Japanese Tattoos – The Story About Japanese Tattoos

Japanese tattoos reveal much more than their sheer beauty—they hold a piece of the tale of Japan’s rich history. Due to the spread of Confucianism and Buddhism in the Japanese culture, tattoos were placed in a bad light. For the Japanese, a person who inks his skin is a member of the mafia. It is for this reason that the wonder of tattoo art is only commonly patronized as a sign of masculinity by the members of the lower classes.

Japanese tattoos date back to ancient times when it was considered as a sign of the traditions of a suspended world. Prostitutes used these art forms to add to their beauty and thus win them more customers. Other members of society who donned these rather baleful take on art were the laborers and firemen. Later on, tattooing was placed in an even graver light when it was used to mark criminals.

Japanese Tattoos – Beginnings Of Japanese Tattoos Japanese Tattoos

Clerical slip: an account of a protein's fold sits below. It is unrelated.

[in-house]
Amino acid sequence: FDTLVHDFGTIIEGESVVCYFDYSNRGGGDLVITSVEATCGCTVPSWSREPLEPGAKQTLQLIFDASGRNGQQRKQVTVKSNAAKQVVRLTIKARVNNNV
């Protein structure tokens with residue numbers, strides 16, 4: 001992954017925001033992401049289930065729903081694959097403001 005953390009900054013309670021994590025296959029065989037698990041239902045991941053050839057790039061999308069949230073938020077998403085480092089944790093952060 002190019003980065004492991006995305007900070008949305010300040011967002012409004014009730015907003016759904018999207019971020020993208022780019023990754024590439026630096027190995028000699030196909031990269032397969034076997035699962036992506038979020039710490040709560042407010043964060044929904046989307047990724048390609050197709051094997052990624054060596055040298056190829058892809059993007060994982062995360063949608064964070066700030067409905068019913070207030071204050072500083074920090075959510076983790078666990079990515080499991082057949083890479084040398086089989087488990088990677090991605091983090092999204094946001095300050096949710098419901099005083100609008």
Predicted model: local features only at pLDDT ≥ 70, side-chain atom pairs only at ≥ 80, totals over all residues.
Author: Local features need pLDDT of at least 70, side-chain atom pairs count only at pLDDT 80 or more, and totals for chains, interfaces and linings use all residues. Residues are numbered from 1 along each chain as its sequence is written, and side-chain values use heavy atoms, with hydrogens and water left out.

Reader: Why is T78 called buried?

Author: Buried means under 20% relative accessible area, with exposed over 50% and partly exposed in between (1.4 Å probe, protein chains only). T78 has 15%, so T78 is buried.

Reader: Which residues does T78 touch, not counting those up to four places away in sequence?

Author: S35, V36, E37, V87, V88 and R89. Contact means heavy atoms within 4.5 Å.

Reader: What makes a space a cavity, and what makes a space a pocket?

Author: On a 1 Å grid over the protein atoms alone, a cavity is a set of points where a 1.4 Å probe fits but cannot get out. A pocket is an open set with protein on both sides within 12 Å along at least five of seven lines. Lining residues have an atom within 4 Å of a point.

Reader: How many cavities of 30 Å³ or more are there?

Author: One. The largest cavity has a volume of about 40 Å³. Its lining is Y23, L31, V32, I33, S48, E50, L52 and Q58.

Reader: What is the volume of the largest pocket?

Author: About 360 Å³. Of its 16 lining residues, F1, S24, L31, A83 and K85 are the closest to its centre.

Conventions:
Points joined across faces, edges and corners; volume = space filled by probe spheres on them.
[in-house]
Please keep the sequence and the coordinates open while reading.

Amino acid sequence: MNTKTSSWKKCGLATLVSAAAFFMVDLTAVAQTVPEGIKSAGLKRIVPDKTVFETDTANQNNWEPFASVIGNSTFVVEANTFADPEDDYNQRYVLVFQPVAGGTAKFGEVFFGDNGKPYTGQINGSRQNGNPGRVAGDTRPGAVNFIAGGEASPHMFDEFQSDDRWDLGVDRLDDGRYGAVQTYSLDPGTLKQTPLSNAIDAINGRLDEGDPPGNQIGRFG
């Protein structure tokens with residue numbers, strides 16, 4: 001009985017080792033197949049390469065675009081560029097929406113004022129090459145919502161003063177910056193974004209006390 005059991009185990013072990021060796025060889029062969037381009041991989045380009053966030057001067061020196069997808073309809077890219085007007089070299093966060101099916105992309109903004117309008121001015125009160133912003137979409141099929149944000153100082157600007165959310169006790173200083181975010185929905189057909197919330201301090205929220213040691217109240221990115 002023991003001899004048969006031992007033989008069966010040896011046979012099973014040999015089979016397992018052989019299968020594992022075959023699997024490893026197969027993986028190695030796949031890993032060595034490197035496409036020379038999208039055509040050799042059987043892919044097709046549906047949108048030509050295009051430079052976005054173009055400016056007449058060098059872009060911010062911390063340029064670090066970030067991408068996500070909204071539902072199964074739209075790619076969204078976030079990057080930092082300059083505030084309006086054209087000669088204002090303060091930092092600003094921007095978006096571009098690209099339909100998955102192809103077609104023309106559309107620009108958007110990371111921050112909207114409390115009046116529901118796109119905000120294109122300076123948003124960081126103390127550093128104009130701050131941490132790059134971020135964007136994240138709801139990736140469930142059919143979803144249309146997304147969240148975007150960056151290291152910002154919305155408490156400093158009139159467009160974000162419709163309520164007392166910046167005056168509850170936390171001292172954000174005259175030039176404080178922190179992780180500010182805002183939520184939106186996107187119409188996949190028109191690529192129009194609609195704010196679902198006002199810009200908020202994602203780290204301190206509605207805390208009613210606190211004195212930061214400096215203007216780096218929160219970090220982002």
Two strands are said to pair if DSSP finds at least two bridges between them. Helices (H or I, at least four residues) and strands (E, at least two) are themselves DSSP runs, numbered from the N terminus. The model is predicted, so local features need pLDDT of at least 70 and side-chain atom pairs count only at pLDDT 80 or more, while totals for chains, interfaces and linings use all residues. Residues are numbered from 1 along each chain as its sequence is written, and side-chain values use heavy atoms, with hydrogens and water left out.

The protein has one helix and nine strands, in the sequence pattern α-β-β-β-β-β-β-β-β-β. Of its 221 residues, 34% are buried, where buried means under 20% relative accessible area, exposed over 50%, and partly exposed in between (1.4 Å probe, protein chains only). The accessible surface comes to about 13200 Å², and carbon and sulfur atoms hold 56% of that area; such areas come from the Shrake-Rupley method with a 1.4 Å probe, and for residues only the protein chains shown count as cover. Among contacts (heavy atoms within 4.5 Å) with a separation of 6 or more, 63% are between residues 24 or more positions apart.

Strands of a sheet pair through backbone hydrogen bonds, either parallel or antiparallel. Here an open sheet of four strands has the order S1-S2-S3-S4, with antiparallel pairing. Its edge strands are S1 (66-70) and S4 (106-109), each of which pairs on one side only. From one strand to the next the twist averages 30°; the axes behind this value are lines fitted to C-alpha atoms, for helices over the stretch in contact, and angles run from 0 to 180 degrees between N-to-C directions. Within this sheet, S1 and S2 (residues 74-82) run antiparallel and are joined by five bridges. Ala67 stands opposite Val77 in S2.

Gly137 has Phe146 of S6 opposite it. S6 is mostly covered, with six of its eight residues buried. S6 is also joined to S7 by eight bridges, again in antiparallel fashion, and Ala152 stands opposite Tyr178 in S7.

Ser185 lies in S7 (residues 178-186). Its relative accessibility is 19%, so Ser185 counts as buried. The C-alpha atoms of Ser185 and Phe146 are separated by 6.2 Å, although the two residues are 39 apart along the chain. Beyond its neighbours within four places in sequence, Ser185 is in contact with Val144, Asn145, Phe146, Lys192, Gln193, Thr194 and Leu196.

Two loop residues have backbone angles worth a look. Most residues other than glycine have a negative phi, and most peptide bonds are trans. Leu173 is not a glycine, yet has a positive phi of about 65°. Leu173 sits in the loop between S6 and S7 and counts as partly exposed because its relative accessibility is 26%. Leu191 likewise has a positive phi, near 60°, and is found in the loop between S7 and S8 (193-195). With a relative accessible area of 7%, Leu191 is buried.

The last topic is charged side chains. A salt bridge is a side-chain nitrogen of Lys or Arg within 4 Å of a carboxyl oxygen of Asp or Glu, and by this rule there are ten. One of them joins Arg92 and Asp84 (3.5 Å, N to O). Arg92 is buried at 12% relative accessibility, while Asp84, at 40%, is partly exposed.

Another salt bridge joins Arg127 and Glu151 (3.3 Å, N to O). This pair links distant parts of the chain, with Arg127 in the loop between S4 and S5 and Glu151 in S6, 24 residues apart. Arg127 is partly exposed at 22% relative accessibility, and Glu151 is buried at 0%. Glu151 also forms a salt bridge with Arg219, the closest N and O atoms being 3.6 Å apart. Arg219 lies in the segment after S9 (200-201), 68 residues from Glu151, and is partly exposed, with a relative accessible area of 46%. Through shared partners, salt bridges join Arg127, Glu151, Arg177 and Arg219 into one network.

It was only in 1827 when Japanese tattoos slowly emerged as popular icons, thanks to the ukiyo-e artist Kuniyoshi Utagawa. In his work, he launched the original 6 symbols of the 108 Heroes of the Suikoden, a band of honorable bandits. The novel and its equally appealing illustrations won the hearts of many people, and this created a wave of Suikoden craze among the common people of Japan. The Suikoden symbols were later sought after as body tattoos, depicting the heroes clad in vibrant and highly-ornate patterns. This catapulted Japanese tattoos to popularity among the poorer peoples of Japanese society.

Popularity Of Japanese Tattoos

After the war, tattooing was still a dominant taboo in Japanese culture. While the Japs strayed clear from these art forms, their tattoo artists were getting a fresh breed of customers—those of foreigners that have come to Japan’s harbors. This way, Japanese tattoos have been greatly known in the Western world while it remained hushed in its homeland. Today, only a few natives dare to brand Japanese tattoos on their skin. It’s usually the youth who fall prey to this venture, but they only limit Japanese tattoos indulgence in less-seen parts of the body.

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